How Did the Bolsheviks Come to Power? | History Hit

How Did the Bolsheviks Come to Power?

HISTORYHIT.TV A new online only channel for history lovers
Boris Kustodiev's painting entitled 'The Bolshevik'
Image Credit: Public Domain

On 11 August 1903, the Russian Social Democratic Labour party met for their Second Party Congress. Held in a chapel on Tottenham Court Road in London, the members took a vote.

The result split the party into two factions: the Mensheviks (from menshinstvo – Russian for ‘minority’) and the Bolsheviks (from bolshinstvo – meaning ‘majority’). The split in the party came down to differing views on party membership and ideology. Vladimir Ilyich Ulyanov (Vladimir Lenin) led the Bolsheviks: he wanted the Party to be a vanguard of those committed to a proletariat-based revolution.

Lenin’s involvement and ideology gained the Bolsheviks some favour, and their aggressive stance towards the bourgeoisie appealed to younger members. In reality though, the Bolsheviks were a minority – and would not change this until 1922.

Lenin on his return from exile in Siberia

Bloody Sunday

Things changed in Russia on Sunday 22 January 1905. In a peaceful protest led by a priest in St Petersburg against terrible working conditions, unarmed demonstrators were fired upon by the Tsar’s troops. 200 were killed and 800 wounded. The Tsar would never fully regain the trust of his people.

Riding on the subsequent wave of popular anger, the Social Revolutionary Party became the leading political party who established the October Manifesto later that year.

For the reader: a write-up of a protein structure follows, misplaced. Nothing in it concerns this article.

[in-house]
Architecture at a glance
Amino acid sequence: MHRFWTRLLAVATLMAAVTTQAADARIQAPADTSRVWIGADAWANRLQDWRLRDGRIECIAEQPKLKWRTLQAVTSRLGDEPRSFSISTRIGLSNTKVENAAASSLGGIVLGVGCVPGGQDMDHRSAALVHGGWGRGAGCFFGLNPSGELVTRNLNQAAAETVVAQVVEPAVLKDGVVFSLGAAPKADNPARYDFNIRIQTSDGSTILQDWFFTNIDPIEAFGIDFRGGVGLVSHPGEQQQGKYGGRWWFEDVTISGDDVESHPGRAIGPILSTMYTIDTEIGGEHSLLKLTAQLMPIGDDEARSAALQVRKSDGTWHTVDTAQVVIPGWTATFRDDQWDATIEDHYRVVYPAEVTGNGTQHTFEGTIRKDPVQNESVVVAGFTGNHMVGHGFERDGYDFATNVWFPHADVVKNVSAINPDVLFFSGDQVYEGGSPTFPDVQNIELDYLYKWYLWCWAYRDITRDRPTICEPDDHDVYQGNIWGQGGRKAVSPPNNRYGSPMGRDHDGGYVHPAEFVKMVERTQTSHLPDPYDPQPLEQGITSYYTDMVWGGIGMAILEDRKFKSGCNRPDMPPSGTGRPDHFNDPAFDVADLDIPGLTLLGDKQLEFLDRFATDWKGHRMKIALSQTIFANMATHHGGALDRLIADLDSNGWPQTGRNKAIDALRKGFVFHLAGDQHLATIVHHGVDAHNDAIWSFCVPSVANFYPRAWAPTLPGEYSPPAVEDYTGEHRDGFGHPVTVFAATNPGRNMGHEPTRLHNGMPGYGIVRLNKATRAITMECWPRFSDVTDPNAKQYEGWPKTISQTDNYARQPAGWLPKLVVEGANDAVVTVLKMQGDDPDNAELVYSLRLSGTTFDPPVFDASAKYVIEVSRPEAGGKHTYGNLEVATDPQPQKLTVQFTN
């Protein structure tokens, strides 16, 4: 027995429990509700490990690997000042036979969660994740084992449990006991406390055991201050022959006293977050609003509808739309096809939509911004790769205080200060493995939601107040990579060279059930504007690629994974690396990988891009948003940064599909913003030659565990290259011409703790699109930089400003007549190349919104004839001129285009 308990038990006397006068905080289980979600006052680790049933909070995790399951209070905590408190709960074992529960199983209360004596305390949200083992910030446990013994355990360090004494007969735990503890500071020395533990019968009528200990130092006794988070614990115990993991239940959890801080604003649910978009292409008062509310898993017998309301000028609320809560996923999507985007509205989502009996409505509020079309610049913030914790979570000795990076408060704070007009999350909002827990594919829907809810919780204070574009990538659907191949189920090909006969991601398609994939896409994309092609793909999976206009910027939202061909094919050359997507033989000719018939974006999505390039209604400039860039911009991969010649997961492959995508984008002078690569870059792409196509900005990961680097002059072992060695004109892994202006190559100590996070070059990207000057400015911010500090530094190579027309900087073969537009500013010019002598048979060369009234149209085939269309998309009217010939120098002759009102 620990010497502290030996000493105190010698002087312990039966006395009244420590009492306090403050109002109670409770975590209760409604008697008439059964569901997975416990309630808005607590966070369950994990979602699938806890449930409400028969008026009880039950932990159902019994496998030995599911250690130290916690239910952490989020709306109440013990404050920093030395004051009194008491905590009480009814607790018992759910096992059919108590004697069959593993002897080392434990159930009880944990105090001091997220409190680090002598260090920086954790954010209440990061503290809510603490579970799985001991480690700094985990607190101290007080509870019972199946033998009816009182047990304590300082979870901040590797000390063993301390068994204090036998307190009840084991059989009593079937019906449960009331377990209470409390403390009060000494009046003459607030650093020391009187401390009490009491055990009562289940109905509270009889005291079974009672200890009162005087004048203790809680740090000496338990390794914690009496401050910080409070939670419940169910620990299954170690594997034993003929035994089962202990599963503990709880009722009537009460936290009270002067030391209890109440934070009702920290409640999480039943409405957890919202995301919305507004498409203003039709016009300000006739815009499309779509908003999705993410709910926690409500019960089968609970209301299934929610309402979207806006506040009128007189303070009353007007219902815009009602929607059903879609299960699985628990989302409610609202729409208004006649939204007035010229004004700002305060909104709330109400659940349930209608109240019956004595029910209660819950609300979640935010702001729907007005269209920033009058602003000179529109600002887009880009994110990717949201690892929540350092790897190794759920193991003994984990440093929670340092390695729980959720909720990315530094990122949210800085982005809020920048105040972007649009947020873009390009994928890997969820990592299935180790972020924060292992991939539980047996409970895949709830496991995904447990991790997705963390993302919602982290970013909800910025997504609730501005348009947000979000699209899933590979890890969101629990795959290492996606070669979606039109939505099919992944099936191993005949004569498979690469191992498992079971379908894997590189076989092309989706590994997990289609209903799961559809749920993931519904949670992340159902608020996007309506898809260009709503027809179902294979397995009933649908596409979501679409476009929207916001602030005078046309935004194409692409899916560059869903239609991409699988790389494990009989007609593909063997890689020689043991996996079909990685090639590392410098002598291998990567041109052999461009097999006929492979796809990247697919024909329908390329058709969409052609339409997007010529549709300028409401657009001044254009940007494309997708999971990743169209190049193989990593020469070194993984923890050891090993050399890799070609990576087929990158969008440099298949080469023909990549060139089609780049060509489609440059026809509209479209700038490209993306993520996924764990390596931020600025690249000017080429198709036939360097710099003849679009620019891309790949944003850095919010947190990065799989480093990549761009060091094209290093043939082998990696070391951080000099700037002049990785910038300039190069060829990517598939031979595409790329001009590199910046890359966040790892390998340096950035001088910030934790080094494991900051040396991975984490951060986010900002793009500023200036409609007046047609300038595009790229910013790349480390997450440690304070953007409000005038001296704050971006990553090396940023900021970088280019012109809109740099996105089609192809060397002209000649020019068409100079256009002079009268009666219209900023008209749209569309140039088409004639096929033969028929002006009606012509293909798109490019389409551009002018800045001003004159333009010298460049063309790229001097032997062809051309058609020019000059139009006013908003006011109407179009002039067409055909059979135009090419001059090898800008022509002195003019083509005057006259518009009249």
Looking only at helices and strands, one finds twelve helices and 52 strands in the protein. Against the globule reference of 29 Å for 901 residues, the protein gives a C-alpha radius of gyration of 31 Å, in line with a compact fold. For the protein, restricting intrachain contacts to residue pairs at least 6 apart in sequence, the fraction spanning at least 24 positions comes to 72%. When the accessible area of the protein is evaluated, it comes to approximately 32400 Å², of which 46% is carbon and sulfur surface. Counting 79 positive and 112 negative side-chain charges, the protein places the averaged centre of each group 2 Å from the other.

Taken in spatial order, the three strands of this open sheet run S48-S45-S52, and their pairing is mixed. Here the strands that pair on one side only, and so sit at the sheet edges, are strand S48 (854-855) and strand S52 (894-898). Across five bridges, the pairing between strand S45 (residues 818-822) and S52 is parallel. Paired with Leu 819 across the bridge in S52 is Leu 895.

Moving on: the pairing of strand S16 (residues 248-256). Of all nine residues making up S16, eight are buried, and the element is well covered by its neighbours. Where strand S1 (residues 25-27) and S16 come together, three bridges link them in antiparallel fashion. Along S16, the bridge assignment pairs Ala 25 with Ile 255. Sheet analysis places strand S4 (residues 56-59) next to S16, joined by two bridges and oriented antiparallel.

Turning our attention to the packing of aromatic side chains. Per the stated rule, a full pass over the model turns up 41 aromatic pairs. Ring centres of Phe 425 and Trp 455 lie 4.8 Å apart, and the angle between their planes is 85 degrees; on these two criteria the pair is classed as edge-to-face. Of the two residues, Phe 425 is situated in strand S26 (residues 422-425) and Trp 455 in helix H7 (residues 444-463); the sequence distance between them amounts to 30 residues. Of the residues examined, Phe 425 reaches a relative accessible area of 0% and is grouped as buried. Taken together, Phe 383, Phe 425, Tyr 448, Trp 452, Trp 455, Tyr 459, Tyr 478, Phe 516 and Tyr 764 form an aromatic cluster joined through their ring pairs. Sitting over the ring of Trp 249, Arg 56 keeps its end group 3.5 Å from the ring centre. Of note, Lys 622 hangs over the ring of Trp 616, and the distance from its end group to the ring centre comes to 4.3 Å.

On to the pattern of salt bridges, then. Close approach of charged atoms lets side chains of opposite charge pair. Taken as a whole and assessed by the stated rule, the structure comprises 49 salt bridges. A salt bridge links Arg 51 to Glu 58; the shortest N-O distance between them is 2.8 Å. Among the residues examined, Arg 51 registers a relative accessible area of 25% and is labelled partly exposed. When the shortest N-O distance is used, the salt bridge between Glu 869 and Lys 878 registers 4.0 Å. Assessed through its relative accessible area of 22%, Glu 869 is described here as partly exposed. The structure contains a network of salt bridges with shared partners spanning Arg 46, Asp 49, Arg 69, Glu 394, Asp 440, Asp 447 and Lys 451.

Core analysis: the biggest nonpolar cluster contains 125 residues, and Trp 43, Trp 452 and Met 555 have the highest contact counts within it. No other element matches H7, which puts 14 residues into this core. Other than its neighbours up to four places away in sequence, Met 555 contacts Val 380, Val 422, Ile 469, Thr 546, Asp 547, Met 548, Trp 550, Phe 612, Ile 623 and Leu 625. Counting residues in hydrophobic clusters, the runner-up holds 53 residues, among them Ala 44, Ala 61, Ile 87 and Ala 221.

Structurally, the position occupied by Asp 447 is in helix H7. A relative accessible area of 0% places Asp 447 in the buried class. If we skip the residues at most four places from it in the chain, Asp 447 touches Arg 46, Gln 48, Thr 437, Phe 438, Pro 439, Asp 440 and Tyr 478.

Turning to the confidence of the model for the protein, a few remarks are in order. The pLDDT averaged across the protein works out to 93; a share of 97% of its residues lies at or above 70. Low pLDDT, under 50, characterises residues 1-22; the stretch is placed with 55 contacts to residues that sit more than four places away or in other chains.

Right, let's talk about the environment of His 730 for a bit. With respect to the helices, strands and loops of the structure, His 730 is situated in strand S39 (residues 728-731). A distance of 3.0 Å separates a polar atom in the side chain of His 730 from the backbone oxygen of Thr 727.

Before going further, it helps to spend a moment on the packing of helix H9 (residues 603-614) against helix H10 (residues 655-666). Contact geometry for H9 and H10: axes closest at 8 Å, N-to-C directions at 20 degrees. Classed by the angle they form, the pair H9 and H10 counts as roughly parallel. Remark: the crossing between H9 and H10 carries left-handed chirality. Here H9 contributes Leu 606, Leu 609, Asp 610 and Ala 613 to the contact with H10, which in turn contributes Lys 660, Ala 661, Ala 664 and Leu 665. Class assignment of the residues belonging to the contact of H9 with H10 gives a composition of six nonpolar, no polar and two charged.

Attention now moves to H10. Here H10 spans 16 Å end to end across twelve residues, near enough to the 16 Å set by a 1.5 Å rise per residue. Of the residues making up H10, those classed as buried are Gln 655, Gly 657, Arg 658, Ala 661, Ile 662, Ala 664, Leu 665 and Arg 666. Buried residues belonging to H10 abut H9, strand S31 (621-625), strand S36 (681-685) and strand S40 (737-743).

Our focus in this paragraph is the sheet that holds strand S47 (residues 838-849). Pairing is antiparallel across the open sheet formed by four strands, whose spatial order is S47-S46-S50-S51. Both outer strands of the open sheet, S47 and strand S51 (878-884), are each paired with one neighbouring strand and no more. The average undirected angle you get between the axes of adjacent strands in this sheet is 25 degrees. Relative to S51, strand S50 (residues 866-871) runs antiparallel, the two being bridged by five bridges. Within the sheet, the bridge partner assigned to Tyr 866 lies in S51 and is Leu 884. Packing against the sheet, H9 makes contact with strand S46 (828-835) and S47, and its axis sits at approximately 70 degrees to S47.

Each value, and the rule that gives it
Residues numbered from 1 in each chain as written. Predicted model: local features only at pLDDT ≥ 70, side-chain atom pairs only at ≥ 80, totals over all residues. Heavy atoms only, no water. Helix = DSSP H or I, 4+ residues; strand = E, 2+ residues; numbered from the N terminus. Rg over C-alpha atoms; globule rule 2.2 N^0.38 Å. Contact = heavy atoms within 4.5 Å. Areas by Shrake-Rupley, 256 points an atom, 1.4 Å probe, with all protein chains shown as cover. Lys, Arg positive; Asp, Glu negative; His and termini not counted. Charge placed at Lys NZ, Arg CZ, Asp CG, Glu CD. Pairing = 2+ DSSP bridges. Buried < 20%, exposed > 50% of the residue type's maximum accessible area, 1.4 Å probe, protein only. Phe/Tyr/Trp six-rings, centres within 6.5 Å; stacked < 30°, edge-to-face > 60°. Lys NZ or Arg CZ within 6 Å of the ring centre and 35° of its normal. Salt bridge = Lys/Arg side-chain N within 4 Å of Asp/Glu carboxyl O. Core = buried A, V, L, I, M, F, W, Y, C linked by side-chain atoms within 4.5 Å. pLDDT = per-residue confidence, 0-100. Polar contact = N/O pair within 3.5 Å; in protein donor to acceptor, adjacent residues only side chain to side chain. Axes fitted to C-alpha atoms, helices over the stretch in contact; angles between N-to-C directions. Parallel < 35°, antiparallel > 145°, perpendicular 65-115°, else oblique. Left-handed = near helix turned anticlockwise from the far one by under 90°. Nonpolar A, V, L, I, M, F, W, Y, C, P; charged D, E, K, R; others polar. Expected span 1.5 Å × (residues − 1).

Lenin urged the Bolsheviks to take violent action, but the Mensheviks rejected these demands, as it was deemed against Marxist ideals. In 1906, the Bolsheviks had 13,000 members, the Mensheviks had 18,000. No action was taken.

In the early 1910s, the Bolsheviks remained the minority group in the party. Lenin was exiled in Europe and they had boycotted the Duma elections, meaning there was no political foothold to campaign or gain support.

Furthermore, there wasn’t a great demand for revolutionary politics. The Tsar’s moderate reforms discouraged support for extremists, meaning the years between 1906 and 1914 were ones of relative peace. When the First World War kicked off in 1914, rallying cries for national unity put the Bolsheviks’ demands for reform on the back foot.

The outbreak of war

The political situation in Russia at the beginning of the war was appeased due to the rallying cry of national unity. Hence, the Bolsheviks faded to the background of politics.

However, this changed after numerous crushing defeats of the Russian army. By the end of 1916, Russia had suffered 5.3 million deaths, desertions, missing persons and soldiers taken prisoner. Tsar Nicholas II left for the Front in 1915, making him a figure of blame for the military disasters.

As Nicholas struggled with the war effort on the Front, he left his wife, the Tsarina Alexandria – and by extension, her trusted advisor Rasputin – in charge of home affairs. This proved disastrous. Alexandria was unpopular, easily swayed and lacked tact and practicality. Non-military factories were being closed down, rations were introduced; the cost of living rose by 300%.

These were the perfect pre-conditions for a proletariat-based revolution.

British historian Simon Jonathan Sebag Montefiore joins Dan to chat about this Russian royal family.
Listen Now

Missed opportunities and limited progress